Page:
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Green Lantern #41

by  in Comic Reviews Comment
Green Lantern #41

The notion of Hal Jordan on the run may seem like a retread idea, but writer Robert Venditti and artist Billy Tan immerse Jordan and the readers in the underbelly of space, where sentient beings are trafficked for sport and entertainment. “Green Lantern” #41 is less about the Lantern Corps and more about the legend of Hal Jordan.

That legend follows Jordan on a quest to Y’Gaal, where Venditti introduces the reader to Hal’s new status quo. The writer’s choice for a non-descript foe to start Jordan’s new life is smart, in that Jordan doesn’t get overshadowed in his own title. Venditti puts enough threat and menace into the adventure to make it exciting but makes it quite clear that Jordan has it all under control. He’s got more than sixteen percent of a plan to work with and he’s executing it to the fullest.

Jordan is only recognizable by name, having forsaken the trademark mask and uniform of the Green Lantern Corps for a bedraggled, shaggy mop of hair, an overcoat and a white and green outfit. Wielding a gauntlet and piloting a starship named Darlene, Jordan claims to be learning the ropes of his new weaponry and life. Tan has fun with the new gauntlet-triggered constructs, giving Jordan more creativity than the former space cop is known for exhibiting.

The rest of this brave new world drawn into “Green Lantern” #41 is less visually impressive. Tan fills the panels with gruesome and rough-edged beings that are plain in comparison to the alien species introduced in “Omega Men” #1 or even the alliance of “Invasion” from decades ago. More mutated than alien, the collection of critters is fun but not intimidating. Tan’s art really shines through in Jordan’s activities. When Jordan fires up the stolen Lantern gauntlet for the first time, Tan’s work leaps forward and the colors from Alex Sinclair and Tony Aviña wash over the page. Dave Sharpe’s lettering showcases a wide variety of styles and applications, from growling snarls of aliens to bellowed exclamations during a prison break. Sharpe keeps Tan’s work clean and accents the visuals nicely throughout, helping transmit the story alongside Tan’s drawings.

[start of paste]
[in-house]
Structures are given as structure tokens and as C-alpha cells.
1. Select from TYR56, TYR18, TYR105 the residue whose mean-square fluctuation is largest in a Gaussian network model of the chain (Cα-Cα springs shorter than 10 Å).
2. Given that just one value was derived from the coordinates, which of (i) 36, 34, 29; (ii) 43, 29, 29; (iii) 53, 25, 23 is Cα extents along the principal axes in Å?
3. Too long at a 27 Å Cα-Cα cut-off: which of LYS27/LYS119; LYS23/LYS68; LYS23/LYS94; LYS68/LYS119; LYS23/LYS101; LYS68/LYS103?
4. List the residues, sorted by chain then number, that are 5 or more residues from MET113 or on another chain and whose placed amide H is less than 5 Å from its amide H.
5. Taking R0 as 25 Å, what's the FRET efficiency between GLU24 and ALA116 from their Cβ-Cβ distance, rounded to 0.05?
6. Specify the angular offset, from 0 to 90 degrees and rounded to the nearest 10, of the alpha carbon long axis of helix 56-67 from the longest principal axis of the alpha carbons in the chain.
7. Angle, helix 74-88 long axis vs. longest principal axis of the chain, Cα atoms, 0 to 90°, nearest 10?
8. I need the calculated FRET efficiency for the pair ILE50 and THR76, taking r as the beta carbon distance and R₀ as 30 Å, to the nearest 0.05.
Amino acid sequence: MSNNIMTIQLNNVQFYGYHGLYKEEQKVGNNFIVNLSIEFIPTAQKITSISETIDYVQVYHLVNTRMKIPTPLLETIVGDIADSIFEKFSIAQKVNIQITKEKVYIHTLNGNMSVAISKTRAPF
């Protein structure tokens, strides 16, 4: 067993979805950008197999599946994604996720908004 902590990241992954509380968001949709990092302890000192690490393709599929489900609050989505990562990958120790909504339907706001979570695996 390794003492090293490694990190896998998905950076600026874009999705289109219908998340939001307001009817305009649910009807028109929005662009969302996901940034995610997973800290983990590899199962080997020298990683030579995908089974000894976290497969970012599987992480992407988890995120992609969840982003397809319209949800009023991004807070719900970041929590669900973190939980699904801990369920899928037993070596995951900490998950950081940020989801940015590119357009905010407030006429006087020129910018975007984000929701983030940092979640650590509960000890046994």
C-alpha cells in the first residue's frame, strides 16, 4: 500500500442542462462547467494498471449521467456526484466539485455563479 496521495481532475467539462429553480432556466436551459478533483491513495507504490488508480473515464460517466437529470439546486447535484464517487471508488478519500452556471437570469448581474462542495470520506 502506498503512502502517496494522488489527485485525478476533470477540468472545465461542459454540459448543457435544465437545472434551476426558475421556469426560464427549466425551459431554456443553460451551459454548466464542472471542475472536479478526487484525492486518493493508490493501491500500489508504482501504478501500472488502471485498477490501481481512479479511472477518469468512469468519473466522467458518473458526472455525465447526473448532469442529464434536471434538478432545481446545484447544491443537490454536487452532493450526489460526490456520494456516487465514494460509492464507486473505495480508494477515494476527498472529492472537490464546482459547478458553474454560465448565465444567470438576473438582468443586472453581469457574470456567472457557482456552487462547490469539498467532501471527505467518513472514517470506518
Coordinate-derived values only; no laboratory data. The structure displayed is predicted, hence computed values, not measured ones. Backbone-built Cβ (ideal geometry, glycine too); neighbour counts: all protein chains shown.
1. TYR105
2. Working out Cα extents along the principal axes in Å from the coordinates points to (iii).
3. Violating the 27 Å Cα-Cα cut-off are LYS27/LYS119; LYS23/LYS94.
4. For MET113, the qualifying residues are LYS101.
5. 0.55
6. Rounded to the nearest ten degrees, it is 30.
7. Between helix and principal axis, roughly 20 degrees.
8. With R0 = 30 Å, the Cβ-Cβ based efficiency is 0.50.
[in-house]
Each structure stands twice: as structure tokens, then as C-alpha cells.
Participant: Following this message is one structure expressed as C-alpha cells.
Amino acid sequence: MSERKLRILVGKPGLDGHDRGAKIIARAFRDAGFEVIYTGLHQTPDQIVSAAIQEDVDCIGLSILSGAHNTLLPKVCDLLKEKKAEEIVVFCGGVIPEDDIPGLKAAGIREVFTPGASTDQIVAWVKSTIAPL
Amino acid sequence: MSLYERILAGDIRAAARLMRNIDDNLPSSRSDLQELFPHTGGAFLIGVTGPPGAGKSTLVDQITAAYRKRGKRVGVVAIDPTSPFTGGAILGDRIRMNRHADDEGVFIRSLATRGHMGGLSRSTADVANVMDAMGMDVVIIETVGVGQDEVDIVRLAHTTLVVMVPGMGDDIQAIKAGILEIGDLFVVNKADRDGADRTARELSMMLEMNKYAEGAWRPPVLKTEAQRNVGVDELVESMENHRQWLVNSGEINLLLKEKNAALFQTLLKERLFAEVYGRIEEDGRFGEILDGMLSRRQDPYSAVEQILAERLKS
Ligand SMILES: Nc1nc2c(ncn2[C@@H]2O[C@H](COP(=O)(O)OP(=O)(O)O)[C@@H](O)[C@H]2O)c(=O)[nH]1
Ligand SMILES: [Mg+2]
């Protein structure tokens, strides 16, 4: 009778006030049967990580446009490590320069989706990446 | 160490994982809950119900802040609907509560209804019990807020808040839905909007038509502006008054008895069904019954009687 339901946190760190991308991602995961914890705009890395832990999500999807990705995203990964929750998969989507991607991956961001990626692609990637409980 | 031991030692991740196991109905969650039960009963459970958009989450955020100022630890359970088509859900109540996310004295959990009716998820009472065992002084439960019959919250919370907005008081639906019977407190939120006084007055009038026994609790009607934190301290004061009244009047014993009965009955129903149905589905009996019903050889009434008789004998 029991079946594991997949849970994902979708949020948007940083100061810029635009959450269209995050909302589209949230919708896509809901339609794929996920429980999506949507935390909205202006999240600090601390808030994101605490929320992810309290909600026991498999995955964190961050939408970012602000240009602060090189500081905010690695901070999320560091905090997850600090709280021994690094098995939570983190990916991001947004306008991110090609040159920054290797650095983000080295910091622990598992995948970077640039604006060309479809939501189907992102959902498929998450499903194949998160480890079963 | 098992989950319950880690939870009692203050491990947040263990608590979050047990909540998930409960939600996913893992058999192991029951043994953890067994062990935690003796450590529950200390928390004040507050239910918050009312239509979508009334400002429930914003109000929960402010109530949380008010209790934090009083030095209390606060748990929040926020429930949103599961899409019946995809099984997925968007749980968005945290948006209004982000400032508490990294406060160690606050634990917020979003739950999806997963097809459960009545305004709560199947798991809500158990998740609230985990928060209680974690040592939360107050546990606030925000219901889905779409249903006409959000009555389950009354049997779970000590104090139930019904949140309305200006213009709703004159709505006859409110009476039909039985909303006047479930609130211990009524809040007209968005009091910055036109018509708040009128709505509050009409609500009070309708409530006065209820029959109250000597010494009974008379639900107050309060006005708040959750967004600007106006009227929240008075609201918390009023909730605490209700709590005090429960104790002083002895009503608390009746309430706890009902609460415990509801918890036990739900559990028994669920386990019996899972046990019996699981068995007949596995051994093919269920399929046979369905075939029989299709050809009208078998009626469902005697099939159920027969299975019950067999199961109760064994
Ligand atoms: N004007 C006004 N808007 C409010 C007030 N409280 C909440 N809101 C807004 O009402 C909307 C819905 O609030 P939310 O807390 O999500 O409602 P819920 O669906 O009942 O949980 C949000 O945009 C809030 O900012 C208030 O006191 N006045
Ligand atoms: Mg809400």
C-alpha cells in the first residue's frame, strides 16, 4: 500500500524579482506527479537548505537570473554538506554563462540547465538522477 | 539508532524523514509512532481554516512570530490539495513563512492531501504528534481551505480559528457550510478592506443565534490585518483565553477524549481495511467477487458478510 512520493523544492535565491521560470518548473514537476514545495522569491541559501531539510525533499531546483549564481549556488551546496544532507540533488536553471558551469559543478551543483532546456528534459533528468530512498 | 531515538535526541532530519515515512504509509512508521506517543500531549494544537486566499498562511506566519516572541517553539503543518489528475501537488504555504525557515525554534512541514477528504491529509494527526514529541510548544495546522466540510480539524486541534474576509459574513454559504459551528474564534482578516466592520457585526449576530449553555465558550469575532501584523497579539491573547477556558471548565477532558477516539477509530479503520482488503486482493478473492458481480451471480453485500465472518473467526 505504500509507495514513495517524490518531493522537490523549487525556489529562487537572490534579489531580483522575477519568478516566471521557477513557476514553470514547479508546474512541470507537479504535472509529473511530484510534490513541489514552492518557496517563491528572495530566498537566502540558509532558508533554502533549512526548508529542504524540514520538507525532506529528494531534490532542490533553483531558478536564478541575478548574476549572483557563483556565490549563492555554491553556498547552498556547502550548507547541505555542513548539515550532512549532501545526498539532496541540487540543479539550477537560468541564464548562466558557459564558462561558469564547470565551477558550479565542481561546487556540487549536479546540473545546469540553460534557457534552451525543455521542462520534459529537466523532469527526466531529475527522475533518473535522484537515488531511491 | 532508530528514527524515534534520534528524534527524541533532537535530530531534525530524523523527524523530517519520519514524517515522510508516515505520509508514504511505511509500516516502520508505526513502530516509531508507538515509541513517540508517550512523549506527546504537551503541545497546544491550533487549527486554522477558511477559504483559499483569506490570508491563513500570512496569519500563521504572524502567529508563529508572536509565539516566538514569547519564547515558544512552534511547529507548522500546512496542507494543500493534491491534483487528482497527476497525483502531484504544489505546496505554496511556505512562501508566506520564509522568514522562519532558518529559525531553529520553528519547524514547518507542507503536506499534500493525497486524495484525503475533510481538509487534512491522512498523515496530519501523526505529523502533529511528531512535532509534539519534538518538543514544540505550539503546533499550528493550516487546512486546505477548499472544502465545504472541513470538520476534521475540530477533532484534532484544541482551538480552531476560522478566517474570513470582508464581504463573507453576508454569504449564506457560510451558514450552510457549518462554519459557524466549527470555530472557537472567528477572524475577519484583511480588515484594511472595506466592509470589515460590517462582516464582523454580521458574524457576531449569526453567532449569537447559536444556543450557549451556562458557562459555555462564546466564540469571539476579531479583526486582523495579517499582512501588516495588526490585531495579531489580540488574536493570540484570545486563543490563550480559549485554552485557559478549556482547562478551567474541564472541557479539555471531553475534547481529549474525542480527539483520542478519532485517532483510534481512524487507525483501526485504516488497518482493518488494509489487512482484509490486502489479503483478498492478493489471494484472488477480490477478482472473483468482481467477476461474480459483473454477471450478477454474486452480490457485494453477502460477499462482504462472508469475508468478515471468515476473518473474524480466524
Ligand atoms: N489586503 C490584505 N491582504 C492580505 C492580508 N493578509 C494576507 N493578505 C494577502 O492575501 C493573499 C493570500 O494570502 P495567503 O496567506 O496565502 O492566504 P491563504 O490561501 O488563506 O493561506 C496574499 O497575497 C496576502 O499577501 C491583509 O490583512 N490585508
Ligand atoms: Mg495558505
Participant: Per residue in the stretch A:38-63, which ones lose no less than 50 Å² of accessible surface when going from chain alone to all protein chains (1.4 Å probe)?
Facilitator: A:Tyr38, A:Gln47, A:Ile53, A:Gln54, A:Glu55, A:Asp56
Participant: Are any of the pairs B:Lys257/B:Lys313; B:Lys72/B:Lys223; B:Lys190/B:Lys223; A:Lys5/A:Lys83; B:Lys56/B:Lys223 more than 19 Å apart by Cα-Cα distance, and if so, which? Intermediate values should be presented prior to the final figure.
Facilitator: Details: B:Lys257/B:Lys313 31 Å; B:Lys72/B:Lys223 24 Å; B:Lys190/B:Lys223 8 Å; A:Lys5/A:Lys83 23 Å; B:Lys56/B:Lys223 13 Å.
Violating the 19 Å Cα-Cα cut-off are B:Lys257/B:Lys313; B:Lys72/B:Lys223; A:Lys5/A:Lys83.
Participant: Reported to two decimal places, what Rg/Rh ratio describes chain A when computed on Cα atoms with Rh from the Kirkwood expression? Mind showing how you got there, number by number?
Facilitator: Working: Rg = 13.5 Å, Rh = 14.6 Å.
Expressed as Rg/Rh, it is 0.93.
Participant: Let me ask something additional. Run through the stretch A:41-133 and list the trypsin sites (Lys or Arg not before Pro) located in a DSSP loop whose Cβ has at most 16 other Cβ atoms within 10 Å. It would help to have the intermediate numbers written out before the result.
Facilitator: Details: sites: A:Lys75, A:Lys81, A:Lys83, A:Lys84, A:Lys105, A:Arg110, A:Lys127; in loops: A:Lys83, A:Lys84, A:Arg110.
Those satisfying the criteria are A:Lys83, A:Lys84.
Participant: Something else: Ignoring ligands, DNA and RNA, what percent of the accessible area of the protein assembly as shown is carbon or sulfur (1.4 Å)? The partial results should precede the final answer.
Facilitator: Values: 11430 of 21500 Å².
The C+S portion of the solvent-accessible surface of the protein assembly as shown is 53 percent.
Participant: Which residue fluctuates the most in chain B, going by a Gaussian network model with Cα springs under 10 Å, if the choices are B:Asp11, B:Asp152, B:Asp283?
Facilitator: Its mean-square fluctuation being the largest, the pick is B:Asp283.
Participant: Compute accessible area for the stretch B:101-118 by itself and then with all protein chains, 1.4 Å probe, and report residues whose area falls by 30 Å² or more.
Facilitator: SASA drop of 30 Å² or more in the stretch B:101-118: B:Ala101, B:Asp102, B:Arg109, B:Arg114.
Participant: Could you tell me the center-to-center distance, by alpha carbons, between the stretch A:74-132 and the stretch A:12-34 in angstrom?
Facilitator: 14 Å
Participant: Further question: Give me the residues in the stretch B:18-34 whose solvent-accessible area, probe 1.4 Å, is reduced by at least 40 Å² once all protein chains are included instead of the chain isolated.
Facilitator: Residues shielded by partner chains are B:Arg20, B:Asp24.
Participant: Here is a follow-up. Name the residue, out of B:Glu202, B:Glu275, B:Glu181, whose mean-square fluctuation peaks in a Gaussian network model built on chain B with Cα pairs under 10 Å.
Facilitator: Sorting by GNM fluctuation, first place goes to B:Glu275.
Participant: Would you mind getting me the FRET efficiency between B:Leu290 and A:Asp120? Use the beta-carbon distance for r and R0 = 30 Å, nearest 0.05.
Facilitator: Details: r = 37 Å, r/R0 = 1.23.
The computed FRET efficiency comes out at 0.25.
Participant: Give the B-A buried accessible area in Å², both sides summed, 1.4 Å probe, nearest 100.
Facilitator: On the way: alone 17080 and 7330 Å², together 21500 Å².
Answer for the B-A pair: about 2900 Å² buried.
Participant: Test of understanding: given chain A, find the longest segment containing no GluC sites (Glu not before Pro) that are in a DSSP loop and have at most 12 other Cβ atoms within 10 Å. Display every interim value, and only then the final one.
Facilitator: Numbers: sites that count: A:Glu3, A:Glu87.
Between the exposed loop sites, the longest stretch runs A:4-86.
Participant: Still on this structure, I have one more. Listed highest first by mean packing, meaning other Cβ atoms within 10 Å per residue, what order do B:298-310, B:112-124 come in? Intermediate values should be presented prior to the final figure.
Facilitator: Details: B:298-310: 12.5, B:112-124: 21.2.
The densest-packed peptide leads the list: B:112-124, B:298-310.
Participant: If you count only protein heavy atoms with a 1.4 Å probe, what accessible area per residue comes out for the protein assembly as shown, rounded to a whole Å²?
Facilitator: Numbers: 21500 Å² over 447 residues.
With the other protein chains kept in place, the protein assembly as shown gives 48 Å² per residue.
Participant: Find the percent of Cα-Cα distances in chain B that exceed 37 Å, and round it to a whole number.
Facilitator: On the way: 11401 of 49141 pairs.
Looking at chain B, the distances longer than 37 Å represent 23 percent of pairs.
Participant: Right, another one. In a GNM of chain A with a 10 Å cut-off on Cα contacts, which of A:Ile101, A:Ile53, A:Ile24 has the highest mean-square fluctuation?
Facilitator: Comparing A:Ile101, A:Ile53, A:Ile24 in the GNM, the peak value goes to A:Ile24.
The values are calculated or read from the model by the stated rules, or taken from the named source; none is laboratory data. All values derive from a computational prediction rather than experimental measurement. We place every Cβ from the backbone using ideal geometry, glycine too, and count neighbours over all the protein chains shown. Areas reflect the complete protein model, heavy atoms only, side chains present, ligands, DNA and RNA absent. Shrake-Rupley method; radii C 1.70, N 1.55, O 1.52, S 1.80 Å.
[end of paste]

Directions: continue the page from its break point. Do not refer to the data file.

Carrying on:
The “Green Lantern” franchise has ebbed and flowed for the past couple years, so it seems as though it was only a matter of time until we had a “Green Lantern on the run” storyline. Luckily, Venditti, Tan and crew add to the mystery in space theme of the post-“Convergence” DC Universe by not revealing everything right away in “Green Lantern” #41. Hal Jordan has a new purpose and new trappings but, at the heart of this first issue, he is still a man with an amazingly powerful weapon trying to do the right thing, at least as he understands it. Venditti has taken Jordan out of the Corps; now, it’s up to his collaboration with Tan to make it exciting.